Dating back to 12th and 13th centuries, Amsterdam found its onset as a business city. During this period, Amsterdam citizens saw the significance and value of establishing an effective relationship with other cultures that helped in facilitating its business and economic development. According to Pratt (124), in 17th century, Amsterdam experienced unprecedented growth and influence due to high level of immigrants. As a result, Amsterdam city developed into a leading metropolis within few years, becoming the globe's leading city in trade and architecture.
Based on the increased immigration, the city had many races with different cultures and practices. Therefore, with these cultures and practices, Amsterdam city can be considered as a city of contradiction in many ways. According to Van Gent, Wouter, and Sako Musterd (896), Amsterdam as a melting point of cultures-Amsterdam is a multicultural town and embracing different lifestyles, beliefs, and religions. First the Amsterdam city is viewed by majority as the gay capital in Europe, but has dynamic squatters' associations. This is a contradictory to many new people and other nations who consider Amsterdam as a gay free city. Second, In Amsterdam city there are many religious practices being practiced by citizens. For example, there exists Muslim, Buddhism, and Christianity. Next to the religious buildings there are sext theatres, sexshops, and prostitutes who operate from these holy buildings. This is a contradiction as the prostitutes people engage in sex practices and attend to religion at the same time.
Third, in Amsterdam, hard drugs are illegalized by the law. However, drugs such as marijuana and tobacco are highly being consumed by the citizens and the government collects taxes from such business (Amsterdam counter culture, 2016). This is a contradiction since the government illegalizes drugs while still allowing hard drugs to be consumed. For example, along the Amsterdam streets, citizens consume marijuana and tobacco and not being arrested by the police. Moreover, the city is essential for the development of philosophy and science as it is characterized by new scientific advances and many insights (Savini, 1153). Consequently, the city has new technology devices and resources that are not found in other cities thereby providing a better place to study science.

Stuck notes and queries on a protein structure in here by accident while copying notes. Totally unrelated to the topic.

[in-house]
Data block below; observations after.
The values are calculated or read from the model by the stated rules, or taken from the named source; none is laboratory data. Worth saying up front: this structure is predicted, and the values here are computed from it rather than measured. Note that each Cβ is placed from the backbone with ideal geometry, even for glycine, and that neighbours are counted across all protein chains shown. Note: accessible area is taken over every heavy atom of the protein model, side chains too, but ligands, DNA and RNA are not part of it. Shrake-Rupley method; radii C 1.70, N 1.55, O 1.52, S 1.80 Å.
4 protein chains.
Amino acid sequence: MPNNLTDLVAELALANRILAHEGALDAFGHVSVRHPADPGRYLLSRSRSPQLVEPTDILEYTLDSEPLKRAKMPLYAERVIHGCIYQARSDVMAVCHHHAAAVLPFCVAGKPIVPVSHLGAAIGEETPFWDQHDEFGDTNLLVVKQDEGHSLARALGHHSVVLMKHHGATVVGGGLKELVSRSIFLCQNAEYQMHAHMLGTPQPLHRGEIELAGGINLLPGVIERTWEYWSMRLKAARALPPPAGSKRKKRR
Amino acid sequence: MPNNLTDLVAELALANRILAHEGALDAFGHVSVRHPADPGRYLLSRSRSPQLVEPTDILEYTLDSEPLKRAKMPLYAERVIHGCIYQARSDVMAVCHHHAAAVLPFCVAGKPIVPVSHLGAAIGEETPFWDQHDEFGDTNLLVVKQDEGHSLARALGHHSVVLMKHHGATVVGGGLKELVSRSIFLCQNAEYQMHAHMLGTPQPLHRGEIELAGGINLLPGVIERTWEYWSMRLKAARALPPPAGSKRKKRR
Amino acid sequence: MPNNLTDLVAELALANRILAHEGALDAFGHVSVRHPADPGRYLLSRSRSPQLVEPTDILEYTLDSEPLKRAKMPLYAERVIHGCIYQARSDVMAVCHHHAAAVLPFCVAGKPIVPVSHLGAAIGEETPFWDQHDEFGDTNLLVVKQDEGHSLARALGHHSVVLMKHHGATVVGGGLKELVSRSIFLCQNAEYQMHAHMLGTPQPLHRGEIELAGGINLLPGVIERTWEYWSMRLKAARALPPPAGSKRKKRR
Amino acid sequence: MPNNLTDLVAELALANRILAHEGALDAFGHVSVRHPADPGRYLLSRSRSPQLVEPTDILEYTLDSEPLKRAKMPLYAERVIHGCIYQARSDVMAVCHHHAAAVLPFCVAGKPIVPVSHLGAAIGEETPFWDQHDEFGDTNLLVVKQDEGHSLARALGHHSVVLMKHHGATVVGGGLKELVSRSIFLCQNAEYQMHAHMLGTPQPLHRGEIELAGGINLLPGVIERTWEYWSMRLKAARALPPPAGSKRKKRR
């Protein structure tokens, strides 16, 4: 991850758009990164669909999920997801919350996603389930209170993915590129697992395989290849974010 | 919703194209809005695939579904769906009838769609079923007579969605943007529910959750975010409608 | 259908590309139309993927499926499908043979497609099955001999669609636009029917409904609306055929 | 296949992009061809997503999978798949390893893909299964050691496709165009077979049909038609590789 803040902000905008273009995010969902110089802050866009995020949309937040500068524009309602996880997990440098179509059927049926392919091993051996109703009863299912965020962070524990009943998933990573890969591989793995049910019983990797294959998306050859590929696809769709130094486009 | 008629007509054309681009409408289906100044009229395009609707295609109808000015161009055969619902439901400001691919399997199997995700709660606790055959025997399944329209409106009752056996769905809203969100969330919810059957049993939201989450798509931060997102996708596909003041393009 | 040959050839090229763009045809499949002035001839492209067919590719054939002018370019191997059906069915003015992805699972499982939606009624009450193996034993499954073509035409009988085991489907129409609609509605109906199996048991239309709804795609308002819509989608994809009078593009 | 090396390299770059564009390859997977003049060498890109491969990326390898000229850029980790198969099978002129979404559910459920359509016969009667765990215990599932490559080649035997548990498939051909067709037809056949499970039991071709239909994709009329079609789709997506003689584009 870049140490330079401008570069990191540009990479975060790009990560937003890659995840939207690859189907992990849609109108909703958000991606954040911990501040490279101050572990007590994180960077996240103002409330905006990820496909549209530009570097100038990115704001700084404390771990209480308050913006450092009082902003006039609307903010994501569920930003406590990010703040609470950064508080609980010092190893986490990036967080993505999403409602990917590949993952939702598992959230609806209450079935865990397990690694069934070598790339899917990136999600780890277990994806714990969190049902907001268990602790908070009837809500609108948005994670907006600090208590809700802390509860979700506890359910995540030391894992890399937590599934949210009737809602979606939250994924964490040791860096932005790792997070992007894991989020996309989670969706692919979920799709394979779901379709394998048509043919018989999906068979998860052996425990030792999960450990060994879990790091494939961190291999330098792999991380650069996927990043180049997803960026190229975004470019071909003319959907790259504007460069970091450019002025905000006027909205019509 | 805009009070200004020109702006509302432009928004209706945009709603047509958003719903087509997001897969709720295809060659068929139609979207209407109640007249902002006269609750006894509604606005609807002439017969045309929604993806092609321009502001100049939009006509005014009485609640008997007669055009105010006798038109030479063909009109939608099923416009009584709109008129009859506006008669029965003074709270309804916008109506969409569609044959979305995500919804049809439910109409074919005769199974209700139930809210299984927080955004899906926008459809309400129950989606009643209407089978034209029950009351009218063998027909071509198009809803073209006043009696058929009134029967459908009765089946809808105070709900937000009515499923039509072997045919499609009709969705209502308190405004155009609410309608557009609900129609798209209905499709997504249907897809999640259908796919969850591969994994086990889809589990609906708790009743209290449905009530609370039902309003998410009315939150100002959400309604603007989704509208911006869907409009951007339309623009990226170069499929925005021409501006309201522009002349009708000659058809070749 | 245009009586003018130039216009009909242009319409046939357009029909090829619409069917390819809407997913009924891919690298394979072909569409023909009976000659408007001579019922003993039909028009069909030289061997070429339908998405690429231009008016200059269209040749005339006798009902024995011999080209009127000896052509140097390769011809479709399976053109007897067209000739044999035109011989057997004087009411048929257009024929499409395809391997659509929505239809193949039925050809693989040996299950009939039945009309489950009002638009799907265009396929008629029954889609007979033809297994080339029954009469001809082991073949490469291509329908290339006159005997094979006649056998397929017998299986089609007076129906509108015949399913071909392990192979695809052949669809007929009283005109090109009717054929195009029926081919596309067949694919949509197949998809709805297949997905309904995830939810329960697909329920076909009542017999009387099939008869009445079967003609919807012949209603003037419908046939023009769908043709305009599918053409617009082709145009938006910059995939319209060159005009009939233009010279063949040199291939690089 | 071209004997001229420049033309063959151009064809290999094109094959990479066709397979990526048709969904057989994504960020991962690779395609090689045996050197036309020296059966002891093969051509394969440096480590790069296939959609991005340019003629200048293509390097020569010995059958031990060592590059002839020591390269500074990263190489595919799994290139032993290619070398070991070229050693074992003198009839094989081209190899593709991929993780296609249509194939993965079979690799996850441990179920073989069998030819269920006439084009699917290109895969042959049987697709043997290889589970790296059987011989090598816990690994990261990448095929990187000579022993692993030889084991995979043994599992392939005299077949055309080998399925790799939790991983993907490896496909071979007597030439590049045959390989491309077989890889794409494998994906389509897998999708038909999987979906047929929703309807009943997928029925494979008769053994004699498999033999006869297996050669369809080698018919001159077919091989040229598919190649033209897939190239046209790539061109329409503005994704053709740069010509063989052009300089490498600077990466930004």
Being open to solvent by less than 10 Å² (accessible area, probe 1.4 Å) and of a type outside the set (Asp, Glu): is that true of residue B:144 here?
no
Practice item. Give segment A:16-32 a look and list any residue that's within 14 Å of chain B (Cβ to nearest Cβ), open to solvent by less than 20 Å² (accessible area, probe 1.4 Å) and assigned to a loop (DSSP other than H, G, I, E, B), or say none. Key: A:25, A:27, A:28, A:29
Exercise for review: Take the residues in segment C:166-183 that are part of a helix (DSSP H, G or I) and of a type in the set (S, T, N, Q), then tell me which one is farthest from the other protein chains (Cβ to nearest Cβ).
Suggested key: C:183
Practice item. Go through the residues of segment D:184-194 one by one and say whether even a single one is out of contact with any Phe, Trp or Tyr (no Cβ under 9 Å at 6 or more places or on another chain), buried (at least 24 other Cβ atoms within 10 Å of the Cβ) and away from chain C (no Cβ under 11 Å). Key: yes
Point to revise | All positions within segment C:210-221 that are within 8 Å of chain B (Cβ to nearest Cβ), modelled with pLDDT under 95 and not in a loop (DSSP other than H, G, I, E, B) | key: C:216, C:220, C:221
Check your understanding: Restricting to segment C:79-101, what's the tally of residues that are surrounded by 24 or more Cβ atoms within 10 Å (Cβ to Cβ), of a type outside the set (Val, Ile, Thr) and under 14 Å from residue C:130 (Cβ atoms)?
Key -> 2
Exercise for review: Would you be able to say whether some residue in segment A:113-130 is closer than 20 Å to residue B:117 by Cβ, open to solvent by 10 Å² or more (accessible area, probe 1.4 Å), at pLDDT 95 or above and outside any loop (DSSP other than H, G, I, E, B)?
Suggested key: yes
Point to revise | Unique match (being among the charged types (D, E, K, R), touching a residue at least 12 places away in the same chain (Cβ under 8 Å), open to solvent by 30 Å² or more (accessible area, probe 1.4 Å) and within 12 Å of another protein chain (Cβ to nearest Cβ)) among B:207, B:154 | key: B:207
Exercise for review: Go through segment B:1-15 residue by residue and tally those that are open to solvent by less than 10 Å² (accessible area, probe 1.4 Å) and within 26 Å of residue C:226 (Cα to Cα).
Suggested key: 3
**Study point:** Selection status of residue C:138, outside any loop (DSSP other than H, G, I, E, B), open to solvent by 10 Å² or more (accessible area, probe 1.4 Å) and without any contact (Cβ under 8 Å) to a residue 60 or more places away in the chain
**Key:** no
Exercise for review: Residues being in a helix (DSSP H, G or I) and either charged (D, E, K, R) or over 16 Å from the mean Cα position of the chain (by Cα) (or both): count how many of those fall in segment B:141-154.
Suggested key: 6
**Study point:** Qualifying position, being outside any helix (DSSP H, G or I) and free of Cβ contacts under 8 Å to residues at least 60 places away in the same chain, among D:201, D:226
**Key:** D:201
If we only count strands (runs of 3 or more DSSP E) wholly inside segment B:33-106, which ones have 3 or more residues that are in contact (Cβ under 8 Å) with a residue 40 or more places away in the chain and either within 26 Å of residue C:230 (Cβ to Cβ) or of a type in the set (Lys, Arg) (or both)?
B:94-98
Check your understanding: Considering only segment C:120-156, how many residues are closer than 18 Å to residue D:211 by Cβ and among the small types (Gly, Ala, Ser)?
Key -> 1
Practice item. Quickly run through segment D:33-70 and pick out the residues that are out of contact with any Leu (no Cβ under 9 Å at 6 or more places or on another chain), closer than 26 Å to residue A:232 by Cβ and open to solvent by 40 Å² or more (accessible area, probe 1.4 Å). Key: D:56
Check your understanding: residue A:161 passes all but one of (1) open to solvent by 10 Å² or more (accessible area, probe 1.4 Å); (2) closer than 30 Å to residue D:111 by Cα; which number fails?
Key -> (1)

Amsterdam counter culture:Virtues and vices Dance cheek to cheek 2016:Retrieved from: https://www.ricksteves.com/watch-read-listen/read/articles/amsterdams-counter-culture-virtues-and-vices-dance-cheek-to-cheek
Gawronski, Jerzy. "Cities and oceans. The urban development of 16th-and 17th-century Amsterdam and maritime culture." Ships And Maritime Landscapes: Proceedings of the Thirteenth International Symposium on Boat and Ship Archaeology, Amsterdam 2012. Barkhuis, 2017.Pratt, Andy C. "The cultural contradictions of the creative city." City, culture and society 2.3 (2011): 123-130.
Savini, Federico. "SelfOrganization and Urban Development: Disaggregating the CityRegion, Deconstructing Urbanity in Amsterdam." International Journal of Urban and Regional Research 40.6 (2016): 1152-1169.
Van Gent, Wouter, and Sako Musterd. "Class, migrants, and the European city: spatial impacts of structural changes in early twenty-first century Amsterdam." Journal of Ethnic and Migration Studies 42.6 (2016): 893-912.
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